A big part of our work here at involves talking to hiring managers about what personality traits are required to be a success in the sales roles for which they are responsible. A common element of these conversations is my attempt to have the client describe for me, in their own words, the ‘perfect person for the role’ in terms of style and personality traits. In the course of these conversations, clients will typically provide a wide ranging and highly diverse description that is rich in both relevant and irrelevant descriptors. That’s okay because my job, and part of what they are paying us for, is our ability to sift through this information since we have such a long history of job analysis under our belts.

One of the interesting things about these conversations is that the client often tells me what they don’t want their sales people to be like. Which brings me to the subject of this article.

For example, you would be amazed at how often clients will actually say “I don’t want a used car salesman” or “I don’t want a life insurance” salesman. I have had enough of these conversations to realize that this is their short hand or coded way of telling me that they do not want to hire sales people that are overly pushy, sleazy and unethical among other not so nice attributes. We have all seen these clichés on TV and in the movies so many times over the years that I’m sure that I don’t need to go further to spell out for you what it is that they mean.

What’s most interesting is that the facts tell a story that totally contradicts the widely held assumptions and preconceived notions about the sales people in these roles. In two recent studies of top performing sales people, one of top insurance sales people and the other of top auto sales people, our findings show that the top performers are anything but the unethical, slimy and pushy types that the public and many hiring managers assumed them to be. In fact, if these managers knew what the facts actually revealed many of them would say that these were exactly the type of sales people that they wanted to hire.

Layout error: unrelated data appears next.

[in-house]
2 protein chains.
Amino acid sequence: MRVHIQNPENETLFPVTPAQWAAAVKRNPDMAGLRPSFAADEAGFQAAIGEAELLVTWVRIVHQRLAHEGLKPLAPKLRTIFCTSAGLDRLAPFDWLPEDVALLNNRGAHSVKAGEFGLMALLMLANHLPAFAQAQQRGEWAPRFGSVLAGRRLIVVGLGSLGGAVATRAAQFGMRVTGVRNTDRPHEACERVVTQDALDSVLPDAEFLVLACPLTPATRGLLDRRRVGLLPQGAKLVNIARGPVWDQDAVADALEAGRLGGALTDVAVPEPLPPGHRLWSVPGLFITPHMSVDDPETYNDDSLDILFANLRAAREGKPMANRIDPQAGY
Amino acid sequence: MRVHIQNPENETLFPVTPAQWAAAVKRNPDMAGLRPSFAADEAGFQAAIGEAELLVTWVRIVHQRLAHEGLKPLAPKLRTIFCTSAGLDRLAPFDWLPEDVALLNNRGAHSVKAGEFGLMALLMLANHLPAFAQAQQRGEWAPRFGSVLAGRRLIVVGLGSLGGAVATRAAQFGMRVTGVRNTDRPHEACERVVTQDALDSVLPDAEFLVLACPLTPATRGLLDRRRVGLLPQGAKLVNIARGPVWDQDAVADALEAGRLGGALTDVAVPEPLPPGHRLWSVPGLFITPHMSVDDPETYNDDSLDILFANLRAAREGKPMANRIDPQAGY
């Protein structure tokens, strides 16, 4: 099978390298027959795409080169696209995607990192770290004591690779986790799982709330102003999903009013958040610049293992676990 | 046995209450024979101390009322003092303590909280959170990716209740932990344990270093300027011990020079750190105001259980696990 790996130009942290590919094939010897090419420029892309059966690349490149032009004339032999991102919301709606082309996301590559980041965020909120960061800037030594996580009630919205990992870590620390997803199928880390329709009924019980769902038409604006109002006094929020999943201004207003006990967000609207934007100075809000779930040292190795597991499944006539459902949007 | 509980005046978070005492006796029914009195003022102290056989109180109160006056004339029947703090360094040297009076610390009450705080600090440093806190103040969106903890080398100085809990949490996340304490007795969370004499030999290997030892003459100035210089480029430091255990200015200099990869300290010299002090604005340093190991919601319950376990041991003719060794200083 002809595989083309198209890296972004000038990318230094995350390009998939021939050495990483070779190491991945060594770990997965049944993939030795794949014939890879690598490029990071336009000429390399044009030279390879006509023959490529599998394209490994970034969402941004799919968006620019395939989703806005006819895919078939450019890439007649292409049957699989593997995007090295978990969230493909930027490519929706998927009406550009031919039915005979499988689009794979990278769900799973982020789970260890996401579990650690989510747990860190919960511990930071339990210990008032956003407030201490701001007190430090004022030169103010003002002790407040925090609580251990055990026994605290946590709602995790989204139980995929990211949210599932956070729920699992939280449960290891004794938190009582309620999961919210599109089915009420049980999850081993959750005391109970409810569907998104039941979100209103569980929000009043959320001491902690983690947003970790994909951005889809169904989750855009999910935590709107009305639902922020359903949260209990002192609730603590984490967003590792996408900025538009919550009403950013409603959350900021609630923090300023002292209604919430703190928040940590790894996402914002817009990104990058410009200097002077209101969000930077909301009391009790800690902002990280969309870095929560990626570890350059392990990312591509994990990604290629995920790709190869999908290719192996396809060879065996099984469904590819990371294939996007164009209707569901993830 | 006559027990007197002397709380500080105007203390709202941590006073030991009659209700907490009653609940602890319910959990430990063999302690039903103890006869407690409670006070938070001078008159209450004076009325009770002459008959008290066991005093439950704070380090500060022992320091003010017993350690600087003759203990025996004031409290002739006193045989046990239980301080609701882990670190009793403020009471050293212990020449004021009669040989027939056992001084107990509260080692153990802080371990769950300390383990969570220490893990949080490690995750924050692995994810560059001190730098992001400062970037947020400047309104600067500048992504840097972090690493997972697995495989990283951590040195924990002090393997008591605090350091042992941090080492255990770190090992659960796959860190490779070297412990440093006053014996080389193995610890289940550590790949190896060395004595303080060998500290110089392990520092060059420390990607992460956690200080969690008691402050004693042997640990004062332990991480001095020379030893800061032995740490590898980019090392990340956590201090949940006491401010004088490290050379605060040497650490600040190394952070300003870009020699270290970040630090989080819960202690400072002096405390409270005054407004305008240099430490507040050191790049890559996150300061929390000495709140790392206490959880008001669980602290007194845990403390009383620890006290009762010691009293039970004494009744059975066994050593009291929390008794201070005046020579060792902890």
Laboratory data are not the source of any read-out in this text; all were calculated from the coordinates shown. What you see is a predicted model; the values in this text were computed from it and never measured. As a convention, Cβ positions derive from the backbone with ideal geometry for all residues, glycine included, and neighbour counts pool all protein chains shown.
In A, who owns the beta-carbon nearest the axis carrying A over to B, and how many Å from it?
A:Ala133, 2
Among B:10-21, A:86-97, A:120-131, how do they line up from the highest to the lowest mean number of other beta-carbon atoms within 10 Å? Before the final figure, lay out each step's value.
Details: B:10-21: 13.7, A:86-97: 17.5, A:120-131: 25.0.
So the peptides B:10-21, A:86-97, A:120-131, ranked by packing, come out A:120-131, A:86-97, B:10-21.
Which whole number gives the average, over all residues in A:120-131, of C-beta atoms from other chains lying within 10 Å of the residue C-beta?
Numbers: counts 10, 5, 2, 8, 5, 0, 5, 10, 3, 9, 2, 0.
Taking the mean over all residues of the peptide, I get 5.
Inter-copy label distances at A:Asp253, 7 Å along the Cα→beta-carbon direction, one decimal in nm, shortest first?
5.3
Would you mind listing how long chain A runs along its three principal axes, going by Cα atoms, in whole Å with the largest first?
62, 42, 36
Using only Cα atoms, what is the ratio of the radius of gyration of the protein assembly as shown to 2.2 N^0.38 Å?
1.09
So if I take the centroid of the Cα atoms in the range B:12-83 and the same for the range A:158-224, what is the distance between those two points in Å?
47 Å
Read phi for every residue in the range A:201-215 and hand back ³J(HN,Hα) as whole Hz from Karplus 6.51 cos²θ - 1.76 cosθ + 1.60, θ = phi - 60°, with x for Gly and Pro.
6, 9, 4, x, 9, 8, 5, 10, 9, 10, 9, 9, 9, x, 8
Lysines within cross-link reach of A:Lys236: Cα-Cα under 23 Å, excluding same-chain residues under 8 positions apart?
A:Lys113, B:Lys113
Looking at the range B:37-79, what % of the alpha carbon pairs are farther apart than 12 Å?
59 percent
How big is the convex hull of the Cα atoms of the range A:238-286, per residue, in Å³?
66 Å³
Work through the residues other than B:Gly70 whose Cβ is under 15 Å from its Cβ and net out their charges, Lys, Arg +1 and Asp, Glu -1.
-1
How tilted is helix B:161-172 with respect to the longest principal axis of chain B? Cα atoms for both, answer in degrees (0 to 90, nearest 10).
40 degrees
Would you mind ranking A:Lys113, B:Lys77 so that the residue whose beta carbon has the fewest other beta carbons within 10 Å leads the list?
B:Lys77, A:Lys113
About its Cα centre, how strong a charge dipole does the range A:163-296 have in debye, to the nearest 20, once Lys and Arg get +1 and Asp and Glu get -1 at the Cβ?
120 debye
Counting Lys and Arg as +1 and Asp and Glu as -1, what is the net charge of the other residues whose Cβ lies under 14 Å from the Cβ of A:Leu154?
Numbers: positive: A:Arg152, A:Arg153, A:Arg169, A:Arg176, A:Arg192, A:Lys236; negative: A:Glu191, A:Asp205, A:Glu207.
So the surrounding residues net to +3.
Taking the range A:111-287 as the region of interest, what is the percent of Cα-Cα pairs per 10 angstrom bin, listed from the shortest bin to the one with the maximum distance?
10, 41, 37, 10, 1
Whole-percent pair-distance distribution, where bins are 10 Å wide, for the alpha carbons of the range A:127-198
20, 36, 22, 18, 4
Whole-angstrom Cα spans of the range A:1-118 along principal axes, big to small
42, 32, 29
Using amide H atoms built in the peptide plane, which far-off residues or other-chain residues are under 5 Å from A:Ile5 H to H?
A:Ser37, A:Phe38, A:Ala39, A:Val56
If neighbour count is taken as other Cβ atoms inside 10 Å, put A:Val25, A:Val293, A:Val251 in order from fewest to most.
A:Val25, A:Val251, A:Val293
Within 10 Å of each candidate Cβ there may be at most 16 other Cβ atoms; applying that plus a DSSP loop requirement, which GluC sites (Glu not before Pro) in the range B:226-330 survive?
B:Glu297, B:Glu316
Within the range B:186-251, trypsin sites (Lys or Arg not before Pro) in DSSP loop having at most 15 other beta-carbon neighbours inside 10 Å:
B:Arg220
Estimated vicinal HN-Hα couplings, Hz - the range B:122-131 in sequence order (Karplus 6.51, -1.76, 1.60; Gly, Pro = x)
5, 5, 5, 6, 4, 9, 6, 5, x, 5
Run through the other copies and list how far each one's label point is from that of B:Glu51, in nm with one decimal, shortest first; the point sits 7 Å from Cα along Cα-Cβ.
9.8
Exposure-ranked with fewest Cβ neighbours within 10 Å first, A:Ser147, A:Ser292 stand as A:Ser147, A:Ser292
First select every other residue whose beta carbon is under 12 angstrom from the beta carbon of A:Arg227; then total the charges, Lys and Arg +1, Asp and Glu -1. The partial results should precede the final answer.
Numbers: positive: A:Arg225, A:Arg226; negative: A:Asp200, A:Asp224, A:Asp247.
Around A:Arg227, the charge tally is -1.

Despite the fact that the studies looked at top performers in two different industries there were a lot of shared traits between the groups and, as mentioned, these personality traits are not what is widely assumed.

Specifically, our studies show that a very high percentage of these top reps are very altruistic in mindset and are therefore not particularly motivated by commission, ‘winning’ or closing the deal. Instead, and surprisingly, they are primarily motivated by the need to help or to be of service to others. They are a conservative, careful and helpful group who tend to follow the rules and procedures and follow up with prospects very diligently.   They are anything but pushy and overbearing. Instead they are careful to do their research in order to determine the prospects needs and to thoroughly answer the prospects questions, provide information and to address any concerns. Rather than overtly pushing the prospect for the close they hang in there until the prospect is ready to ‘buy’.

One should definitely not assume that just because this style of sales person has proven to be very successful in these two companies that this sales style will work in all companies within these two industries. As well, just because a sales person has come from, and perhaps been successful in, a particular industry you should never assume that they have a sales style that is specific to all that are successful in that industry. Sales roles can and do differ dramatically from company to company within an industry. This goes a long way to explain why a sales person can be a flat out failure in one role and a great success in another, sometimes even within the same organization.

Almost every hiring manager agrees that the overwhelming reason why sales people fail is because the sales person’s personality is poorly matched to the sales role for which they were hired. It has been my experience that a lot of these mismatches are avoidable by properly analyzing the role from the perspective of it’s personality and motivational requirements. Often, this vital step either does not get done properly or is not even done at all. Without this step being performed sales people get hired with no true sense of whether they are a good fit since obviously they are not being measured against a consistent and relevant set of criteria. Talented sales people are interviewed and even hired, but when you’ve hired the wrong talent for that role the results are typically very disappointing for all concerned.

One of the great benefits of using is our thorough analysis of your sales role(s). The results of this analysis is that we clearly identify the specific sales traits that you need in your sales roles in your company. This is particularly powerful when we test a sampling of your top performing sales people in order to create your unique Target Profiles. The resulting Suitability Rating scores of your sales candidate’s test results are then highly predictive of future sales success.

If you would like to learn more about how this process works or if you have any questions about what we do and how it might be of benefit I would be pleased to hear from you. I promise to be very frank and straightforward in any of our discussions.